Anna reported yesterday that, after spending a day with Honey in the pond, Phoebe departed again. Perhaps this time it’s for good, but it was time for her to leave, and at least she had a grand reunion with her mother before taking off.
Now I’m not sure whether Phoebe really has flown the coop (or the pond), as she’s disappeared before. But if she’s emigrated, I’d prefer her to go this way than to be scared into flight by chainsaws. I will of course report if I get more news.
Honey remains, and according to Anna is looking “happy and beautiful”. I’m sure she’ll be there when I return Sunday, and I’ll be around to see her annual departure with a champagne toast.
The KentPresents meeting is wonderful, with lots of really absorbing talks. Last night I got to have dinner at a table with the art critics for the New York Times and New York Magazine respectively, a molecular gastronomy expert, the former head of Homeland Security, and CBS News reporter Lesley Stahl (one of my news heroes). I learned a lot, and was pleased to find that both art critics agreed with me that the Isenheim Altarpiece, by Mathias Grünewald, is one of the greatest paintings of all time. We even did a fist bump when we found our agreement.
I had a long conversation with Robert Lang, who happens to be a reader here and is one of the world’s experts on making Origami. He’s speaking Saturday.
I will report all this when I return, as I have lots of news and pictures, including one of Henry Kissinger, who’s being interviewed by Lesley Stahl onstage today. I have an idea what she’ll ask him (we rode back to our inn together last night), but more later. Yesterday I went to discussions about the Supreme Court, Trump versus his Justice Department, photographer Diane (pronounced DEE-ANN) Arbus, and a absorbing discussion by Michael Pollan about his latest book on psychedelics.
This is all I have time to report; it’s off to breakfast and the meetings to hear my own University President, Robert Zimmer, talk about free speech. Sean Carroll, our resident website physicist, is also speaking. I talk tomorrow.
16 thoughts on “Report from Jerry: Phoebe’s gone again”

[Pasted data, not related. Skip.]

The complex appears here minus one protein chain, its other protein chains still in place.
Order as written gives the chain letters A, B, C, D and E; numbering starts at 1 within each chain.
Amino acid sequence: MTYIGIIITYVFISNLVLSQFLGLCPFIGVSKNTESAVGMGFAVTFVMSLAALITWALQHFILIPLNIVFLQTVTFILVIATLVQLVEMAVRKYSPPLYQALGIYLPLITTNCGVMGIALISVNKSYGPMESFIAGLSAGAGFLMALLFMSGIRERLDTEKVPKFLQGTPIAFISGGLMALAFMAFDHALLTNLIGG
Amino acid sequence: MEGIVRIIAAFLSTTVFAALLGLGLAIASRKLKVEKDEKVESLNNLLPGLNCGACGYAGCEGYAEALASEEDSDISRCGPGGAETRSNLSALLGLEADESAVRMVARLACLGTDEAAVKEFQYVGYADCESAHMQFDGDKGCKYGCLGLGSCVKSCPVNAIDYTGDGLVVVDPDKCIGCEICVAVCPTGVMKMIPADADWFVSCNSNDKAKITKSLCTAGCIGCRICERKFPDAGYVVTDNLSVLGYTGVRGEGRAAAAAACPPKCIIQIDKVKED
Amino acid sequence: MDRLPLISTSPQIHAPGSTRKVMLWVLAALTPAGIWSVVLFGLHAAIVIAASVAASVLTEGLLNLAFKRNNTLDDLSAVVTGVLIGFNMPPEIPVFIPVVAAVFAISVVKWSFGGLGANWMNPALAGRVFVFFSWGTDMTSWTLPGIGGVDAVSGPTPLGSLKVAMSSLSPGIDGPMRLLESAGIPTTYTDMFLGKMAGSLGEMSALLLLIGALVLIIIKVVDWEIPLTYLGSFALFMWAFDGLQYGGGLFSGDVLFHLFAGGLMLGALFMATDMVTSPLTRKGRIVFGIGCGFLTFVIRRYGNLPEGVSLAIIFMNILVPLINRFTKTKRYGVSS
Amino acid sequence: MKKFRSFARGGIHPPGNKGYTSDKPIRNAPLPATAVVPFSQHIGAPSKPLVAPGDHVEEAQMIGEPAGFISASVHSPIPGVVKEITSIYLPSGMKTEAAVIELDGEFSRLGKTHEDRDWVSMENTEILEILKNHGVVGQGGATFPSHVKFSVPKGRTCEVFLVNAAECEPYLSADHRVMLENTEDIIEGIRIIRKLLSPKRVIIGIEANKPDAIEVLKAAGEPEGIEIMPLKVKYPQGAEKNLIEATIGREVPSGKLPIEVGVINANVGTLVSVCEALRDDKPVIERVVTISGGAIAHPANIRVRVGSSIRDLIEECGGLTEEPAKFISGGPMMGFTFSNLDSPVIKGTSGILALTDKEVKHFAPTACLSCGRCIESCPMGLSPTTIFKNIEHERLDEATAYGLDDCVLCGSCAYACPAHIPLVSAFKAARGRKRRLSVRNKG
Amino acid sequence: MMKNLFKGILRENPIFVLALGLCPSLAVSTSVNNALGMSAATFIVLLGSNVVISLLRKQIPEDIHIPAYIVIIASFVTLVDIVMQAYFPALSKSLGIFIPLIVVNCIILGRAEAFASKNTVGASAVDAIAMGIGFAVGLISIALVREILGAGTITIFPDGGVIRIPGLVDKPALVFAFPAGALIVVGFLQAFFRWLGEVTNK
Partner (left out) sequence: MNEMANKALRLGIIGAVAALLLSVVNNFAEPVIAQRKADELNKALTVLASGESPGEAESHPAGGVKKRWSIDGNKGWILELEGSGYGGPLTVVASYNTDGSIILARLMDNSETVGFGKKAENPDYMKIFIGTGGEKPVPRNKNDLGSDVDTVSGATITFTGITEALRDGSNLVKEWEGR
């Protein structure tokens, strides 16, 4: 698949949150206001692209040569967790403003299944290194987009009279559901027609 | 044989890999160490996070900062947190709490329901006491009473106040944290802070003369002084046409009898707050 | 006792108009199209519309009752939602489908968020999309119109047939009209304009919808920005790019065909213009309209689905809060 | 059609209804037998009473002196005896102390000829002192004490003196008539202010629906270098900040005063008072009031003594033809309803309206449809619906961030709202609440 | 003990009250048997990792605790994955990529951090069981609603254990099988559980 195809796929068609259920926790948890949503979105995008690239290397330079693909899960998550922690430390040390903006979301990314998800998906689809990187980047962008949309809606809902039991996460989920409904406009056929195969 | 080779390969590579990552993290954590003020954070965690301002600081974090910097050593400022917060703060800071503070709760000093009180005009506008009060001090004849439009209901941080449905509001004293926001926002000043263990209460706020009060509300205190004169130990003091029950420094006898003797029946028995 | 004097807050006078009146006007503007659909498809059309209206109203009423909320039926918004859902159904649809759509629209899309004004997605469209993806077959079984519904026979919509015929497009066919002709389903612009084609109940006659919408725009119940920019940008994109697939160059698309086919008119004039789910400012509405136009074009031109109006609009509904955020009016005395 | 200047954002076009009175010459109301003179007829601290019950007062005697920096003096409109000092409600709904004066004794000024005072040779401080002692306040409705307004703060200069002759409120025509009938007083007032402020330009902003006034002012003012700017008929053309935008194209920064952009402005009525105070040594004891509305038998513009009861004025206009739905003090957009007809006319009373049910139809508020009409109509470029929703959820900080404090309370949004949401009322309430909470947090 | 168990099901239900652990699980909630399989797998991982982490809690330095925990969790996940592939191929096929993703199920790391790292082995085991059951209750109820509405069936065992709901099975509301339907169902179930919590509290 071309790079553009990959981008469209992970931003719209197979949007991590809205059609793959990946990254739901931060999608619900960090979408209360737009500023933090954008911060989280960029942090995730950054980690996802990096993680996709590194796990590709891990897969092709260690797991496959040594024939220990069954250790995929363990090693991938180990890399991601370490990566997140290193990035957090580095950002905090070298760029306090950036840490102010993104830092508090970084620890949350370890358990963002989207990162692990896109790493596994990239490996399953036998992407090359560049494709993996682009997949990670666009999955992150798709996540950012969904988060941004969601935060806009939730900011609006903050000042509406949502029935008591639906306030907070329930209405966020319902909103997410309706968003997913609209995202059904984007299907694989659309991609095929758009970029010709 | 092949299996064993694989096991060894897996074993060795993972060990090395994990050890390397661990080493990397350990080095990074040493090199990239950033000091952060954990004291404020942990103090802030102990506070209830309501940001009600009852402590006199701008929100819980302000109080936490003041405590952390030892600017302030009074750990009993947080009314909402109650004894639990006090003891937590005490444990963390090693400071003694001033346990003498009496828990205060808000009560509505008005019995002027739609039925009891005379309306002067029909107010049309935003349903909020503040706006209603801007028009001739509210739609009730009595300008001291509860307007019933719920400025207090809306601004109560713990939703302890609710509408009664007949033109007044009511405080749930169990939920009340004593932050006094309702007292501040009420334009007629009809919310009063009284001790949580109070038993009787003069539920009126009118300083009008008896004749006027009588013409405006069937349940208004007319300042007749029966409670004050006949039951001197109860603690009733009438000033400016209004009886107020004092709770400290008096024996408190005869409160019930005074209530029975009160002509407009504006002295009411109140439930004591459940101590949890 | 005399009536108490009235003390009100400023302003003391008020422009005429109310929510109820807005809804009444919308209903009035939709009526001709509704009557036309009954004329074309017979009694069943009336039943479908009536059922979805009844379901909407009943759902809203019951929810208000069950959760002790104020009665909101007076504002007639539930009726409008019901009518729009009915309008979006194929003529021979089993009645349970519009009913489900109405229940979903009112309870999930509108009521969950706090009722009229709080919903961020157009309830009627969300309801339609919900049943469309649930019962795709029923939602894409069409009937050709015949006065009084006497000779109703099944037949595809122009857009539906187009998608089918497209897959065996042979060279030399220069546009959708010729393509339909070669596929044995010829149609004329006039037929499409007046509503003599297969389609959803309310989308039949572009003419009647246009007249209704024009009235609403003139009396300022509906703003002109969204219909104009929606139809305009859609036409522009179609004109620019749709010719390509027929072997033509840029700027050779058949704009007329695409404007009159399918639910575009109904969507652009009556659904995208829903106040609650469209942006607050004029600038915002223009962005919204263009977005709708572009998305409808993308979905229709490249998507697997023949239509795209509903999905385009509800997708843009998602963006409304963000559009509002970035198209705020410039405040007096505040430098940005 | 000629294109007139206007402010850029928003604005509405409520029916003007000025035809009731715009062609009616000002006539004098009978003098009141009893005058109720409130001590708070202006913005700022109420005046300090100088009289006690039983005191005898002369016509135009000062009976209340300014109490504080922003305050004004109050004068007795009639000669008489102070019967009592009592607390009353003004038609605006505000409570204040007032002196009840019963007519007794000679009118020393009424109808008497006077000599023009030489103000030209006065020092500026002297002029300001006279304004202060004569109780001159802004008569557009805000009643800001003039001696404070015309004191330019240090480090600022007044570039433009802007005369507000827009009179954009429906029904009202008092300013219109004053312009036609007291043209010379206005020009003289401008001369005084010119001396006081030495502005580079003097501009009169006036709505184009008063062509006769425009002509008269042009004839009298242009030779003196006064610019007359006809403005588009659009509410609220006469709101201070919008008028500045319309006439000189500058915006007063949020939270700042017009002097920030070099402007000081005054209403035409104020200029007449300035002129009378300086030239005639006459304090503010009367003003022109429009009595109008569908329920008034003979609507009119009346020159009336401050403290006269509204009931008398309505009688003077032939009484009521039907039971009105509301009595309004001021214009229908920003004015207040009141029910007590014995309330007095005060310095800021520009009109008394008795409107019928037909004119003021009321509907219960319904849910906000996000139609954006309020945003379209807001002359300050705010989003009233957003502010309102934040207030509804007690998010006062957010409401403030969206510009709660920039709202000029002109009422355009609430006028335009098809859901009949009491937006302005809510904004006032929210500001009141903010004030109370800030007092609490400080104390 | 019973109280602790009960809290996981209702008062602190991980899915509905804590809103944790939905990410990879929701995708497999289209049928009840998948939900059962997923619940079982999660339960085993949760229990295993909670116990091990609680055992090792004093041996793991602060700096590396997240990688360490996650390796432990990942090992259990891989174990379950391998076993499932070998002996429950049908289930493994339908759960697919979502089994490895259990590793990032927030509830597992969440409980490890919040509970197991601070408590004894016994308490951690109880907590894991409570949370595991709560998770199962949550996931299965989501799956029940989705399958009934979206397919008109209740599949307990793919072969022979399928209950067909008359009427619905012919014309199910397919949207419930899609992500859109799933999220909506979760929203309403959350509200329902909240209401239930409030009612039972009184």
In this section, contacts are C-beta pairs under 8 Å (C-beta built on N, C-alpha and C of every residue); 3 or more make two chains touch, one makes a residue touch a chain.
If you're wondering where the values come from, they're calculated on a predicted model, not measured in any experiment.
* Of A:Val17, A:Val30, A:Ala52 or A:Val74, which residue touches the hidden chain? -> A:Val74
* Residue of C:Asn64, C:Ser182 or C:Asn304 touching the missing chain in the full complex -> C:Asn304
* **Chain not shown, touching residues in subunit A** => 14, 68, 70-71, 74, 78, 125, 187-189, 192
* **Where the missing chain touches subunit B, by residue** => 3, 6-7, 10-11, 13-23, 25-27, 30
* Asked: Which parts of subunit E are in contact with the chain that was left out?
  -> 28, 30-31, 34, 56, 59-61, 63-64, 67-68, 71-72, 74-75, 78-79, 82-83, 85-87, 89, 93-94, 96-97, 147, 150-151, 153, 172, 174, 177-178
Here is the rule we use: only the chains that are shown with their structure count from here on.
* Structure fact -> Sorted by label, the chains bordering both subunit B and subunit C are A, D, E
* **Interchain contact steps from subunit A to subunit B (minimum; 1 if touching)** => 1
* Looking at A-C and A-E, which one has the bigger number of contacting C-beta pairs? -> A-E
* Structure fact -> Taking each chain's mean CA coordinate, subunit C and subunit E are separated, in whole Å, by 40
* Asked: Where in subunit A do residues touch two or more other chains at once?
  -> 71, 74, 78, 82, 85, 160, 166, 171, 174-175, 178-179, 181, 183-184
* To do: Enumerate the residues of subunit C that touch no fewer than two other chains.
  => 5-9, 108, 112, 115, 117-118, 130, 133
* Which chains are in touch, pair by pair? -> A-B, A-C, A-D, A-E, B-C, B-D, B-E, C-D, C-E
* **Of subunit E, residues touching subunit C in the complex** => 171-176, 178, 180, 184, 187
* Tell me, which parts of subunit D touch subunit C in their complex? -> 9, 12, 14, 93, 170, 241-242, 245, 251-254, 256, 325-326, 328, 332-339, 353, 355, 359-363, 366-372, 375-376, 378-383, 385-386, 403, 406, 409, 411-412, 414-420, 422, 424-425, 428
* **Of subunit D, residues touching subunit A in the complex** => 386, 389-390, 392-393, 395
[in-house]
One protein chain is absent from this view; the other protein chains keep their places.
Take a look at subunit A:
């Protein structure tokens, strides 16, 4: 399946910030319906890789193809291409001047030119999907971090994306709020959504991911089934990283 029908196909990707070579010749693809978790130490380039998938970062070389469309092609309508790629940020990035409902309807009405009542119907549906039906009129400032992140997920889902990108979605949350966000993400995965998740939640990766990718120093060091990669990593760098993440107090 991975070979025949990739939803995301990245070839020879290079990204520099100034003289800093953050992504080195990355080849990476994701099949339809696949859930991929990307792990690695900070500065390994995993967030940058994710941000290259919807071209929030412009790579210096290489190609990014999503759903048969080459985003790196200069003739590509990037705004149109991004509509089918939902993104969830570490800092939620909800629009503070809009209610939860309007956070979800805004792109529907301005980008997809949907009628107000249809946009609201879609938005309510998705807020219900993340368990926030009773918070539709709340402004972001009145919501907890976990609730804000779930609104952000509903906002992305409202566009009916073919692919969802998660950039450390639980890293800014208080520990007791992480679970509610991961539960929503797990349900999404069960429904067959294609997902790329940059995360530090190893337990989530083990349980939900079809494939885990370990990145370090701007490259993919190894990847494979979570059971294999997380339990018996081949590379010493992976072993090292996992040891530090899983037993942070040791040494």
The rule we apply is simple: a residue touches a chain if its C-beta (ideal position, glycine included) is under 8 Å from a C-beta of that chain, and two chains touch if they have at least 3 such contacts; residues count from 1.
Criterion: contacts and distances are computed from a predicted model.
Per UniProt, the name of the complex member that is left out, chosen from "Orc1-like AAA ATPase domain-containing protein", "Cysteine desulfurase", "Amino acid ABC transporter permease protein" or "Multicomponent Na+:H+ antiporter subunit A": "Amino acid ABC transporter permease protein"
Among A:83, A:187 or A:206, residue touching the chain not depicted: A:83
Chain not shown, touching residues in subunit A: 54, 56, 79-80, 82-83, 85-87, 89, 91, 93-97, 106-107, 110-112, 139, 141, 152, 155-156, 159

Here’s hoping the lovely and talented Ms. Stahl doesn’t let that bag of old bones Henry the K slide with his customary mendacity.
I would think Leslie could find a more interesting interview – maybe he would compare Watergate to the current office holder. Maddow will be interviewing Brennan on her show tonight and this could be a bit more interesting. If she could get William McRaven to sit for an interview, that would be good too.
Yeah, in addition to Adm. McRaven (Ret.), a dozen bipartisan former CIA and DNI chiefs have issued a joint statement condemning Trump’s stripping Brennan of his security clearances. Good to see bona fide patriots coming to the aid of their country.
We’re in a slow-motion constitutional crisis. These things tend to unravel bit-by-bit, then all at once.
I saw the take down of Trump by McRaven. Hard hitting and I’m glad to see it is being supported widely among the military minded. Trump must be boiling. All I can think of is Steve Irwin; “Oi, That’s gonna leave a mahk”.
Can you imagine how piss-poor the morale must be right now among the rank-and-file in the US intelligence agencies and the Justice Department?
According to her, that ain’t gonna happen.
Good; get a front-row seat. Will this eventually be broadcast to TV-land?
I’m told all the talks and conversations will eventually be online.
During university, when I moved out of the dorm and into my first apartment, one of the first “coffee table” books I bought was a Diane Arbus collection. A difficult to describe view of people. I found the unblinking frankness caused me to rethink my emotional reactions to all sorts of people. She had an ability to bring out layers of complexity.
Just bought that Michael Pollan book “How to Change Your Mind”. I enjoy his books, even when I don’t totally agree with him. He is a very engaging communicator.
I think I need to read Pollan’s new book. I have listened to a couple of interviews with him. Long ones so I have a feel for the book. But I am not sure how to approach it.
Let’s say, hypothetically, that you ingested psychedelics 25-30 times when you were younger – say age 17 to 28. What you were taking is not of verifiable quality or dosage. But no bad trips. Not a carefully guided trip with some electronic music in the background. Maybe at a Grateful Dead concert or in a room with friends, a stereo at high volume and plenty of beer. How would that change you. There is no way of knowing what you would be like if you had not had those experiences. Not sure how to even speculate about this.
Not that I know anyone like that. Just curious.
So, strictly hypothetically, what might the consequences be? Asking for a friend.
Pollan says that research shows that psychedelics can be used therapeutically – treatment for depression, alcoholism, and other things. He also says they can be used to “improve” an otherwise healthy person. I have to read the book to get a better understanding of what that means. So was your friend “improved” by use of psychedelics? Would there be no more improvement later in life? How much of an effect would the earlier use of psychedelics potentially have on him/her?
That must have been a fun table to be sitting at. Wish I could have been a fly on the wall.
I’ll say! I’m very envious! What a wonderful conversation to listen to.
You’ve just given me two things to do. I have Robert Lang’s famous (to origamists’ book ‘Origami Design Secrests’. I must get it out and try to fold some of his models, and there is an exhibition of Diane Arbus’ work on at our art gallery, so I must go and see that as well.
Sounds like a fantastic conference, and I look forward to some/all of it going online.